Spider Flower

Despite its unfortunate name, the Spider flower is a popular annual plant for colorful summer flower beds. We introduce the South American beauty and provide planting and care tips.

Silke Eberhard Silke Eberhard
Jul 23, 2021 03:01 pm
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Growth type
  • one year old
Growth height (from)
from 80 cm to 150 cm
Growth width (from)
from 40 cm to 70 cm
Growth characteristics
  • upright
Flower color
  • purple
  • red
  • pink
  • white
Flowering time (month)
  • July to October
Flower shape
  • Cluster
Leaf color
  • green
page format
  • 3-piece
  • 5-piece
  • 7 pieces
  • pointed
  • sunny
Soil type
  • stony to sandy
Soil Moisture
  • moderately dry to fresh
Lime compatibility
  • lime-tolerant
Nutrient requirements
  • moderately nutritious
Decorative or utility value
  • Flower Decoration
Winter Hardness
  • frost-sensitive
  • Flowerbeds
  • Bouquets
  • Garden fences
  • Group planting
  • Planters
  • Rose companion
Garden style
  • cottage garden
  • Flower garden
  • Prairie Garden
  • Rose Garden
  • Pot garden
Bee Friendly
bee friendly plant
Origin and Appearance

With such a name, it certainly wasn’t easy for the South American spider flower to win over flower lovers. But it succeeded: After persistently appearing at garden shows and in public parks, it became a trend plant and now adorns many a garden. The name is derived from the long-stalked carpels that remain on the plant after each individual flower fades, resembling the legs of a spider. In the plant kingdom, the spider flower and its relatives (which are less suitable for gardens) are members of the family Cleomaceae.

The spider flower is an annual that displays its flowers from July to October in loose terminal clusters. It grows to a height of 30 to 40 inches, while tall varieties reach heights of up to 60 inches. The Summer flowers grow from the ground with several shoots and do not branch out – as a result, the slightly thorny stems often look a little sparse. Flower colors range from violet, red and pink to white. The leaves are usually palmately compound and consist of three to seven tapered leaflets.

Spider flower with white flowers
‘Helen Campbell’ is a recommended variety with white flowers
Where to plant

The Spider flower is happy in any sunny flower bed provided that the ground is not too dry. The Spider flower does not have any particular preference in terms of companion plants. Its delicate appearance goes just as well with the rounded flowers of Zinnia, Dahlia, and garden cosmos as with loose grasses or the slender flower spikes of a giant hyssop. The Spider flower also looks wonderful alongside the umbels of bishop’s weed, the "umbrella" of a radiant red coneflower, and purple top (Verbena bonariensis). At a height of up to 5 feet, tall varieties tower above many of their neighbors in the flower bed and have an incredible luminosity, especially in the backlight of the morning and evening sun. They also look wonderful in a vase and last for a long time. Recommended varieties are ’Helen Campbell' (white), 'Kirschkönigin' (carmine pink), and 'Violettkönigin' (violet).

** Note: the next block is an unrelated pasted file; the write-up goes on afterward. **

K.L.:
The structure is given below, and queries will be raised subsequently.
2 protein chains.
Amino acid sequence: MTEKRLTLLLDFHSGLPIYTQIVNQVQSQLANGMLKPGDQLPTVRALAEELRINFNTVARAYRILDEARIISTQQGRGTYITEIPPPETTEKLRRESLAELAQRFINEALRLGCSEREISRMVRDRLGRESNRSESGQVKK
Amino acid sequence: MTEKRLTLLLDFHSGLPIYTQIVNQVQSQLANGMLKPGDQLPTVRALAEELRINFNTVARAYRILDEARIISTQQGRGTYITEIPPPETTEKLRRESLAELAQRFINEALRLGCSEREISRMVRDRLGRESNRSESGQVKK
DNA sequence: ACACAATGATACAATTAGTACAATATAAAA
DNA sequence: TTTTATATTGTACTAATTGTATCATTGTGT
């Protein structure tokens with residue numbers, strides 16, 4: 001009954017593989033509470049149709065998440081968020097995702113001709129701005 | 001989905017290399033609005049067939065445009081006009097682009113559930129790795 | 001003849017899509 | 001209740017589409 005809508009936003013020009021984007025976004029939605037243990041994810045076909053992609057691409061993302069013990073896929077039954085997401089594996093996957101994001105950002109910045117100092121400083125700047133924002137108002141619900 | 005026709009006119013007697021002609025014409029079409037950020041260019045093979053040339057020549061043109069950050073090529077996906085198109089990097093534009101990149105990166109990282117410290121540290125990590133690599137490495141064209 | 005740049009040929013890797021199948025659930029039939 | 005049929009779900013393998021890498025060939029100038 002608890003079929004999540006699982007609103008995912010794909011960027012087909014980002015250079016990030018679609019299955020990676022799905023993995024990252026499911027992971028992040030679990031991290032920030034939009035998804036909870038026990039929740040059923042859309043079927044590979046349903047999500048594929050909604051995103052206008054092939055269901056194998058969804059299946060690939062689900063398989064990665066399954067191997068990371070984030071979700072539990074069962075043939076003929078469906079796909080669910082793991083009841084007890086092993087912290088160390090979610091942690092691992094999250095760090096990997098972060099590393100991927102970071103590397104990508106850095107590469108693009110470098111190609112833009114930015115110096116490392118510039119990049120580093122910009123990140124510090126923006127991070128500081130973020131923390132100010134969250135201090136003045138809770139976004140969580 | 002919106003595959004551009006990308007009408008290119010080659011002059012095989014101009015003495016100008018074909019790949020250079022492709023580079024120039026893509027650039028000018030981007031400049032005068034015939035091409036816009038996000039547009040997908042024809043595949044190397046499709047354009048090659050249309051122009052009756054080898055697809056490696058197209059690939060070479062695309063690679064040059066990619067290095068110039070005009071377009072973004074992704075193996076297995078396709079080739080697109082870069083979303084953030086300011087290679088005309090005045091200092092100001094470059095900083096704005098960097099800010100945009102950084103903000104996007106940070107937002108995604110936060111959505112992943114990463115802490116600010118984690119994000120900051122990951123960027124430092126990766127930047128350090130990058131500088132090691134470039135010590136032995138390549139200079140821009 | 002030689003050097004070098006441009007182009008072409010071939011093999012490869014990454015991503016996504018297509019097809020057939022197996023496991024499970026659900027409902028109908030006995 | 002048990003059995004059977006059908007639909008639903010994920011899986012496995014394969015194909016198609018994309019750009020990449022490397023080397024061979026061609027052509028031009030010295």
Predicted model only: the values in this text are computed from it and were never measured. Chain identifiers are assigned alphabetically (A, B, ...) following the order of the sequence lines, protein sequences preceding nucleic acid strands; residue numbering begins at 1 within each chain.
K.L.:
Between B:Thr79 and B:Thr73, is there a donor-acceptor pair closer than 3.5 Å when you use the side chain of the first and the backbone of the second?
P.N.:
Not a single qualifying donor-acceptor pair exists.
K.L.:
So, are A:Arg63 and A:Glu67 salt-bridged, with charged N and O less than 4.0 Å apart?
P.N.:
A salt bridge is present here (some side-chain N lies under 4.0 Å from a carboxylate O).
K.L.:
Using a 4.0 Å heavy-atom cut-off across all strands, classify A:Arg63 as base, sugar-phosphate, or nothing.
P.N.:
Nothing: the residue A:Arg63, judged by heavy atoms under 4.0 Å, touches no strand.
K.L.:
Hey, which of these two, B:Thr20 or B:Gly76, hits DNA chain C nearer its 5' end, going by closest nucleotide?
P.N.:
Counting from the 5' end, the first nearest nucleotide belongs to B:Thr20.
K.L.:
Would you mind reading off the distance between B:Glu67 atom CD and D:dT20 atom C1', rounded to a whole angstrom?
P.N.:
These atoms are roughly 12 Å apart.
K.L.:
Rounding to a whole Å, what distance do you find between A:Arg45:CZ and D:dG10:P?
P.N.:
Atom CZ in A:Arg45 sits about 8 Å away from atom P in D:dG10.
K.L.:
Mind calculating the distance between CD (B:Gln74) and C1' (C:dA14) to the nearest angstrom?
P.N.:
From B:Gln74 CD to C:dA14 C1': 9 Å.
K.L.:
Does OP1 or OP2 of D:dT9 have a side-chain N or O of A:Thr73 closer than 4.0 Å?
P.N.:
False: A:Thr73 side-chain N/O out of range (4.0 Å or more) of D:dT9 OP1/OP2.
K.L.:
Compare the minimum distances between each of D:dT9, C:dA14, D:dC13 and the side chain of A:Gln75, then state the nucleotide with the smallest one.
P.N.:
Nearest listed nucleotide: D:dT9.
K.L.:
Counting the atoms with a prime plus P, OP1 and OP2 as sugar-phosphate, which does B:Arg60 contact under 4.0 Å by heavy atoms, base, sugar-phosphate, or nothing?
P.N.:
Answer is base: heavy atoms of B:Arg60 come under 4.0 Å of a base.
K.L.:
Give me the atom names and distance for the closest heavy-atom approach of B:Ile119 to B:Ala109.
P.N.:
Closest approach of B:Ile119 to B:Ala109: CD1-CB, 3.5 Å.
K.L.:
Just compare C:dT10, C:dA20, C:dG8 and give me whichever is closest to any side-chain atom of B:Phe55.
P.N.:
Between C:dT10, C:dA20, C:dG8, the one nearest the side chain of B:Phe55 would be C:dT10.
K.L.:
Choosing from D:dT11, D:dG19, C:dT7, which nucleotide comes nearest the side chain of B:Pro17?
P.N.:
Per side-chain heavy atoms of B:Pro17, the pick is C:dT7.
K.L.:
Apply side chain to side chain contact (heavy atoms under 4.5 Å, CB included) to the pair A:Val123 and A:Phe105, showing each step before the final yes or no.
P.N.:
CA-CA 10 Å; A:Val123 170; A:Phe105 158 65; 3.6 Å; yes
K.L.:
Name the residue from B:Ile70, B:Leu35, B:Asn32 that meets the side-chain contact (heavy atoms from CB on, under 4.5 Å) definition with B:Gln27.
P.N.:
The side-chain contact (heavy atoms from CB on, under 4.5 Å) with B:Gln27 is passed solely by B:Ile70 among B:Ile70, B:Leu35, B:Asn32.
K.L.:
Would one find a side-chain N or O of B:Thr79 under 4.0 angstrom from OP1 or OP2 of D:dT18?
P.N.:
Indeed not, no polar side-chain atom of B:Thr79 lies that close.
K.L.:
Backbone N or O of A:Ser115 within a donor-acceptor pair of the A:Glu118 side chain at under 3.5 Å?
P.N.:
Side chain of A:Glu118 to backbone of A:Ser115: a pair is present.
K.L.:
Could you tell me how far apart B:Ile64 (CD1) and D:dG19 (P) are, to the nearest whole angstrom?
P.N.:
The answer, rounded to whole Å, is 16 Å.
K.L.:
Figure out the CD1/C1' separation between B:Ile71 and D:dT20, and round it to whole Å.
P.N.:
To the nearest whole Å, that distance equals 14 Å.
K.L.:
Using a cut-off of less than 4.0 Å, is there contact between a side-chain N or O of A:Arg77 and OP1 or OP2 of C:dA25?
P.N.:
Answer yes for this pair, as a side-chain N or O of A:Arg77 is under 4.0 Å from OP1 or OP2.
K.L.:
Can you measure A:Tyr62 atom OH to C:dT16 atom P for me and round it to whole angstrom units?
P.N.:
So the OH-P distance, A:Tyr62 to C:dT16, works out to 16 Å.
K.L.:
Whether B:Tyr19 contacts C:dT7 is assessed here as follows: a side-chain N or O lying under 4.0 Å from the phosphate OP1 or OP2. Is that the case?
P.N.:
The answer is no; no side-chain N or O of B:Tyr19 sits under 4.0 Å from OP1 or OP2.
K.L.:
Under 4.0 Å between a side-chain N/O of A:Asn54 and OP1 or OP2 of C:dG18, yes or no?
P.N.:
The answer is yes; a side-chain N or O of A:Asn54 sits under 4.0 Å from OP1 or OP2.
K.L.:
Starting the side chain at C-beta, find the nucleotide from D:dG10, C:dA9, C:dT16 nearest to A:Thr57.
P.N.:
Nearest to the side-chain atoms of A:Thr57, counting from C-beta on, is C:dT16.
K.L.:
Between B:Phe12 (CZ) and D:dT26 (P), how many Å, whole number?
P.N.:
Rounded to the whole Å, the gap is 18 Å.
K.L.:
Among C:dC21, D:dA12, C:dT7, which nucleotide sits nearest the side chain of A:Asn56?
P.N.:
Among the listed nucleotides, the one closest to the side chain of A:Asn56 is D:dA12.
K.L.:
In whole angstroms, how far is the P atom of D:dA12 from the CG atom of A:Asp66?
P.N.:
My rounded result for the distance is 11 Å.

Spider flowers can also be grown on their own in pots. If you have a spare pot, the best options are ’Señorita Rosalita' (pink), ’Señorita Carolina' (light pink), or ’Señorita Blanca' (white). Compared to other Spider flowers, these three varieties remain shorter, grow bushier, and do not have thorns.

Location and Soil

A sunny location is important – after all, as a South American the Spider flower is used to a warm climate. It can even tolerate short periods of dryness. The soil should be moderately dry to fresh and very permeable, waterlogging should be avoided at all costs.


Seeds should be sown indoors from March at a temperature of 65 to 68 degrees Fahrenheit. The plants can be moved outdoors from mid-May. Prune young Spider flowers to encourage the formation of new shoots. As the plants naturally grow upright and remain unbranched, several plants should be grouped together (planting distance 15 inches). They also develop a great color effect, even from a distance. If you don’t want to sow your own Spider flowers, you can buy young plants from stores in April/May.


If you give the Spider flower a regular dose of liquid fertilizer, it will thank you with an abundance of flowers until the onset of frost. Regularly remove seed pods so that flower formation does not decline. However, if you want, you can also leave a few pods to ripen so that you have seeds for next year.

Spider flowers alongside coneflowers
Its airy flowers and pinnate leaves give the Spider flower (Cleome spinosa) a very unique charm. Accompanied here by the yellow Coneflower
Diseases and Pests

It is normal for the leaves and stems of the robust plant to feel sticky, and this is not a sign of an aphid infestation: They have glands that secrete a sticky substance. This also seems to be effective at protecting the plants against snails and slugs. They are however occasionally infested by the Black vine weevil. Its larvae can damage the roots so severely that the plants wilt and die off.